But the second message is that the divine patience is not infinite. God, as Jesus tells us to do, is ready to forgive 77 times. And, when it comes to the forgiveness of our own sins, we take this for granted. (Imagine if God were to say, “In your lifetime I will give you just five chances to repent and, after that you’ve had it.”) At the same time, there is a limit to the extent of God’s forgiveness in the sense that it is conditional. That condition is determined first, by our readiness to respond to his forgiveness through our repentance and conversion, and second, by our willingness to imitate him in practising forgiveness of those we feel have offended or hurt us.

Refusing forgiveness
Strange as it may seem, the all-powerful God does not fully forgive the person to whom pardon is offered but who refuses it. Because ultimately, the problem is not just one of ‘forgiveness’ but also of ‘reconciliation’. While we can ourselves forgive, reconciliation is not done alone. Without at least the hope of reconciliation, our forgiveness feels incomplete.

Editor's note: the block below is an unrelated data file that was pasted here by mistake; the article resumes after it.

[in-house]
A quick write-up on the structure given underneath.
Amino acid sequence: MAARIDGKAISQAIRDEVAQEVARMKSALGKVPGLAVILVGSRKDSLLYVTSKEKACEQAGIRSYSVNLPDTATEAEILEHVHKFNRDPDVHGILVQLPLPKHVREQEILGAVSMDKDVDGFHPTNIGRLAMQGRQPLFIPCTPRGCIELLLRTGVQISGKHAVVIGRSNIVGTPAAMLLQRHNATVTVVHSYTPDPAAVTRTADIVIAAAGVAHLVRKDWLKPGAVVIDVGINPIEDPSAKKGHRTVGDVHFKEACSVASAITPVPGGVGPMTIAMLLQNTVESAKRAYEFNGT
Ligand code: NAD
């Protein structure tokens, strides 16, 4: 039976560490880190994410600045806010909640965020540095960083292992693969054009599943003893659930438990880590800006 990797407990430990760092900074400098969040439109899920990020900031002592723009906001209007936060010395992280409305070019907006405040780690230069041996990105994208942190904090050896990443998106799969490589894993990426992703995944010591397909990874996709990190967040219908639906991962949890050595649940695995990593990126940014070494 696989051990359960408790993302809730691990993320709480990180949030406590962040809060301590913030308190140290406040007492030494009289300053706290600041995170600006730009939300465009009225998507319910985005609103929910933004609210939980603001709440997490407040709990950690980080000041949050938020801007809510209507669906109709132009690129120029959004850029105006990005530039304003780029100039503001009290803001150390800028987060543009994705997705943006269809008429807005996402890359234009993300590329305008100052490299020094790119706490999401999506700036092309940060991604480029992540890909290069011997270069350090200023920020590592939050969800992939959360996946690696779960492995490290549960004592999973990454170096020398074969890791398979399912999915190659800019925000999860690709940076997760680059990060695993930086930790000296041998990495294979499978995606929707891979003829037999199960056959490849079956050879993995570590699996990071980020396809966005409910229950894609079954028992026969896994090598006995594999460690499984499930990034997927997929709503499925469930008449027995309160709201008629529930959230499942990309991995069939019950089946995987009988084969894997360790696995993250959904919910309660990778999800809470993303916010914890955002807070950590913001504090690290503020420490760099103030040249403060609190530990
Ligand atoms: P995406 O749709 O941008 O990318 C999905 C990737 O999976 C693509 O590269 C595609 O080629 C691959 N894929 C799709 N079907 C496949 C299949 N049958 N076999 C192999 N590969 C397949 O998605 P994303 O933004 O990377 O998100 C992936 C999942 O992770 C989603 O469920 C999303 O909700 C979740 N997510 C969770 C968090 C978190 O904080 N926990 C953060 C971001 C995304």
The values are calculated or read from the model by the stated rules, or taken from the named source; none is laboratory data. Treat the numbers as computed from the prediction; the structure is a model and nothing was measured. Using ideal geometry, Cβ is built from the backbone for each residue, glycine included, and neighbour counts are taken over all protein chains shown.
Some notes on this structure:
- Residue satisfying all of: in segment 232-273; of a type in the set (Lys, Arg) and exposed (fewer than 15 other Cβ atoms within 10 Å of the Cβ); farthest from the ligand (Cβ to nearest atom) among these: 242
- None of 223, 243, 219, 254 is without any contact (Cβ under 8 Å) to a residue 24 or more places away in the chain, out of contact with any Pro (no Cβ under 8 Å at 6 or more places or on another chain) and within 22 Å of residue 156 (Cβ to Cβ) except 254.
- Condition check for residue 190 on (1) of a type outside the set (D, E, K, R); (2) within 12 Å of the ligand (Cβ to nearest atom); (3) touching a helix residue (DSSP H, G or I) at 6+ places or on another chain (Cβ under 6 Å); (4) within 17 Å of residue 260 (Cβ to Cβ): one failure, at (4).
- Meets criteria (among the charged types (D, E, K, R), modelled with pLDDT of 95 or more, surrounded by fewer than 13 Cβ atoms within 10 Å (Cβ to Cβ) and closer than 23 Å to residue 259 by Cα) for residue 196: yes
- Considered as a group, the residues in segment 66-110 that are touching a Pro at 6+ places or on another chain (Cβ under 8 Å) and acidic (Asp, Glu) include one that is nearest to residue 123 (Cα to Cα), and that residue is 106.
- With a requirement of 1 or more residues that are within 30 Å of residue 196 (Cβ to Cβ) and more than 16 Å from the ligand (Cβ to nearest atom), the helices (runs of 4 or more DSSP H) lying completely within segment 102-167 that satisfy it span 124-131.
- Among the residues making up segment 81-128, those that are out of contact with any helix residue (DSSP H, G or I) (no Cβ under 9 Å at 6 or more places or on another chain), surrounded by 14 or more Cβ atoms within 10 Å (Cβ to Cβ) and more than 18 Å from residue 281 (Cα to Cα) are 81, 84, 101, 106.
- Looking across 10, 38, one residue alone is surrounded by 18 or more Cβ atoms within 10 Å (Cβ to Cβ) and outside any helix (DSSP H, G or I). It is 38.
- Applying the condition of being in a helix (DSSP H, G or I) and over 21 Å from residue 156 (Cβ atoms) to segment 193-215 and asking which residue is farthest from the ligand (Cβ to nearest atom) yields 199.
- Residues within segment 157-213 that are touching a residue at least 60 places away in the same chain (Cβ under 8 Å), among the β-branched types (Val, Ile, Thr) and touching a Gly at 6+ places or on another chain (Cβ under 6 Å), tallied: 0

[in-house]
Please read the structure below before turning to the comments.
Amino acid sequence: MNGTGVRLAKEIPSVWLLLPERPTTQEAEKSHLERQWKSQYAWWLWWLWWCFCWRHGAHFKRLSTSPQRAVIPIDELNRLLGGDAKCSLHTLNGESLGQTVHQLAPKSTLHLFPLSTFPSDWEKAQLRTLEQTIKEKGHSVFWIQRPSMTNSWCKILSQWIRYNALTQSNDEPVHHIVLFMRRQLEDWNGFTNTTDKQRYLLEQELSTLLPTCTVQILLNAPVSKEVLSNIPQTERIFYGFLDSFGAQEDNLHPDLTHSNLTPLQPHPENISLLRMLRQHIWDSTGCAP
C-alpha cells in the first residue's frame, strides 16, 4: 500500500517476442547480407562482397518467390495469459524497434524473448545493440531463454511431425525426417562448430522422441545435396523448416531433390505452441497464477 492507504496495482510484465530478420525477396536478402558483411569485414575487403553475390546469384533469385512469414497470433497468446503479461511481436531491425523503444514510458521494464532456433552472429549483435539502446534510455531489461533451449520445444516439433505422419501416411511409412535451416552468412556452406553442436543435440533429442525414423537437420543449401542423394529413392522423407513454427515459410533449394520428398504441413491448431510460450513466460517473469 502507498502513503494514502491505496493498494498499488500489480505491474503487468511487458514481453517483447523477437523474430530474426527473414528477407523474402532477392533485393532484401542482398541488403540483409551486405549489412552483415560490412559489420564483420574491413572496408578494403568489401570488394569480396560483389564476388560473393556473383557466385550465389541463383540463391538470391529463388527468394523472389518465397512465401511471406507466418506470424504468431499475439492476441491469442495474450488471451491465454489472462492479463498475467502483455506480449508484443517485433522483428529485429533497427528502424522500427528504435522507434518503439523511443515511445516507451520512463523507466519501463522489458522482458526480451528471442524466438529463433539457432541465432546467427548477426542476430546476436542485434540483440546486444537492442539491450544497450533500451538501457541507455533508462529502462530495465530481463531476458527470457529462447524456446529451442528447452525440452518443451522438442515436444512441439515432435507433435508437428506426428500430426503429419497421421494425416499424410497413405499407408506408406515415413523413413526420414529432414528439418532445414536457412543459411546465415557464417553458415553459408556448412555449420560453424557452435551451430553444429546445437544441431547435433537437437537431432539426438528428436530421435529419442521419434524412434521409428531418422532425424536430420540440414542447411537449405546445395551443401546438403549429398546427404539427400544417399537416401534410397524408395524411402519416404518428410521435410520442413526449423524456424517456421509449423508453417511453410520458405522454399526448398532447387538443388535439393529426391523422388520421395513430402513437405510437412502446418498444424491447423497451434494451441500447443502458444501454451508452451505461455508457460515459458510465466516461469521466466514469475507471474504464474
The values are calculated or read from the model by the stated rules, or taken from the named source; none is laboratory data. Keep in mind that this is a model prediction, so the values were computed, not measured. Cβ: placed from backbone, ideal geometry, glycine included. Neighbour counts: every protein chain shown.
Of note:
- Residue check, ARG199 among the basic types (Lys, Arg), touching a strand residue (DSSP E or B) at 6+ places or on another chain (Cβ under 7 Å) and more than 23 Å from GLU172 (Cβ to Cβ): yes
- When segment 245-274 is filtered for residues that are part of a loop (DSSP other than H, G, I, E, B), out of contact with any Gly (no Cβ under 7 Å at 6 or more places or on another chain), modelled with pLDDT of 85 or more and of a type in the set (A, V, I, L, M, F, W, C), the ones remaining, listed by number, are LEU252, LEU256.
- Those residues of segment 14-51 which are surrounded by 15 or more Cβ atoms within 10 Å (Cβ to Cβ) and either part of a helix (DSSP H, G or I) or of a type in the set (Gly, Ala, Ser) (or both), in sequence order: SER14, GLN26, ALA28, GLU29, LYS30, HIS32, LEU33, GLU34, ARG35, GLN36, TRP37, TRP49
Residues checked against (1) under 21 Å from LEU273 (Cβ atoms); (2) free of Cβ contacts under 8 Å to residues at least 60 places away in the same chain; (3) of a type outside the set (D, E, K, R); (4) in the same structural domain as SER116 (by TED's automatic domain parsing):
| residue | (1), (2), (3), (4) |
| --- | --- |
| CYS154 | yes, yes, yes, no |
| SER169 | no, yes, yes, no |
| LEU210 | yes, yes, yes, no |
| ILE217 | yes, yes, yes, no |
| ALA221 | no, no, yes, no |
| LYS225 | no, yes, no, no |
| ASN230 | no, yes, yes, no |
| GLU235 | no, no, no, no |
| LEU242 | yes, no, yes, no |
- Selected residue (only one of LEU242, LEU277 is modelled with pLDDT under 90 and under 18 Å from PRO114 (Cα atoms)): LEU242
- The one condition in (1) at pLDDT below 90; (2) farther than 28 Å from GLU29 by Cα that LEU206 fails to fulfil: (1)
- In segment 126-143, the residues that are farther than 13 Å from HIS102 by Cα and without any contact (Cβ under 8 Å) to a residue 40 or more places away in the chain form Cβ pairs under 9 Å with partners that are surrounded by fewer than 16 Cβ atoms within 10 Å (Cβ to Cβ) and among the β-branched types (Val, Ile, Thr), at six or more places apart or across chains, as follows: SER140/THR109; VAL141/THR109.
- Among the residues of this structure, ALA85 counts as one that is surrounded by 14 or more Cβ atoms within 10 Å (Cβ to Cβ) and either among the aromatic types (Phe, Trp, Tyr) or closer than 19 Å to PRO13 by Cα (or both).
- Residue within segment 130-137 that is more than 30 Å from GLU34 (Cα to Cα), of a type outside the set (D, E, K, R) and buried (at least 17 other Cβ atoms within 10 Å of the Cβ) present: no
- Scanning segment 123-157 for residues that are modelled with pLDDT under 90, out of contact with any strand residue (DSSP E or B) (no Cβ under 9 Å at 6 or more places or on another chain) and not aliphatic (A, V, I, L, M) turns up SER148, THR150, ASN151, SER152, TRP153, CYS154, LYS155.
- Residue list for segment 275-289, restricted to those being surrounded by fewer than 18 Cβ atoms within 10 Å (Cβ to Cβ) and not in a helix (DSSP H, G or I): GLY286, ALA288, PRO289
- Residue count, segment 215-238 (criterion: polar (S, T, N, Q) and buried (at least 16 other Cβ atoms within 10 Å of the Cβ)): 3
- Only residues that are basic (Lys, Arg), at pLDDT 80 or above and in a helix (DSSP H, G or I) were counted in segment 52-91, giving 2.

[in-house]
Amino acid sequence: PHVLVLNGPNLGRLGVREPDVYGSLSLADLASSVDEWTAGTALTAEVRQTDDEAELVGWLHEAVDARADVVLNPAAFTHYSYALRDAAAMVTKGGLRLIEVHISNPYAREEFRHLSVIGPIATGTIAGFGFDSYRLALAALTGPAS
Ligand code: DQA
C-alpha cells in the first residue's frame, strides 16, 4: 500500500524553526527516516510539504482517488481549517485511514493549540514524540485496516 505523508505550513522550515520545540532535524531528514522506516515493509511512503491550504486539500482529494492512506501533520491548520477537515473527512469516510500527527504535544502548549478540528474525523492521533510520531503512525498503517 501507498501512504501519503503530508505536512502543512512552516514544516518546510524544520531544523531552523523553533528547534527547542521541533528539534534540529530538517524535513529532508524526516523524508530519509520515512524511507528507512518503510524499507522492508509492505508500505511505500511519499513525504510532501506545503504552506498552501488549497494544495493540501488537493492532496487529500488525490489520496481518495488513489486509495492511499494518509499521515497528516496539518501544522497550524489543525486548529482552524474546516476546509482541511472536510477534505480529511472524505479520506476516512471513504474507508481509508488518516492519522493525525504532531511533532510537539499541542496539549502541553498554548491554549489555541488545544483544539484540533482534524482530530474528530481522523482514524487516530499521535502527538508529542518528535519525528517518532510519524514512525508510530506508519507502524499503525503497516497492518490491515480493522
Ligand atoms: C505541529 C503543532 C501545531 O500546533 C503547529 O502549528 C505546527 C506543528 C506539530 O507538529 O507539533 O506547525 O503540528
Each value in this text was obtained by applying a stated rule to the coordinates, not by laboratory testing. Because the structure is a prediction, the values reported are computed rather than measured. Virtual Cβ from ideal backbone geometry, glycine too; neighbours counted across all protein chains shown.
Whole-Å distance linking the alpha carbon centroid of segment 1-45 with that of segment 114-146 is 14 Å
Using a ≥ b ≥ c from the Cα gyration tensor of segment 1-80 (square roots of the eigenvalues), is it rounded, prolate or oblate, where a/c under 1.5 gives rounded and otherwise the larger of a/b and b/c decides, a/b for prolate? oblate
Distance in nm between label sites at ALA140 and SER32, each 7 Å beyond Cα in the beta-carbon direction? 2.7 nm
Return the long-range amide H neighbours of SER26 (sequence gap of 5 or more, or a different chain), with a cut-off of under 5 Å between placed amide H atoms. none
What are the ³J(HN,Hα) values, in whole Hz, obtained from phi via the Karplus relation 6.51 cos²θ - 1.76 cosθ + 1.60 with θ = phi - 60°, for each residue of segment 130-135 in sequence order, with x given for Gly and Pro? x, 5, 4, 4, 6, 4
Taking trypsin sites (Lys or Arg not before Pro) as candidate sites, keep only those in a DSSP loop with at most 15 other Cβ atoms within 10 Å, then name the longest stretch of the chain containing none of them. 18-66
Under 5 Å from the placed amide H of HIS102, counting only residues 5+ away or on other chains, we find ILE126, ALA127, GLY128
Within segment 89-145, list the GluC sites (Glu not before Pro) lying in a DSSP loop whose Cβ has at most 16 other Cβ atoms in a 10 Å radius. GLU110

God cannot just say a million times over to the sinner, “I forgive you.” There is an incompleteness on our part just to say, “I know you did something terrible but, because I am a practising Christian, I forgive you.” You may feel very good about talking in that way, but it has not really solved the problem or healed the wound. My responsibility is not over by saying, “I forgive”, if the other person has not changed their attitude towards me in any way. One-sided forgiving can be a source of real smugness, “How good I am!”, or further hurt, “I forgave but he/she continued to hate/hurt me!” At the same time, even with the best will in the world I cannot force another person to be reconciled with me. Ultimately, reconciliation is a personal decision on each side.

Forgiving in the full Christian sense is a form of loving and caring. The problem is that people’s actions towards us are seen as attacks on our vulnerability, our self-esteem. We become completely obsessed by what is happening to us and do not take time to reflect on what is behind the other person’s behaviour.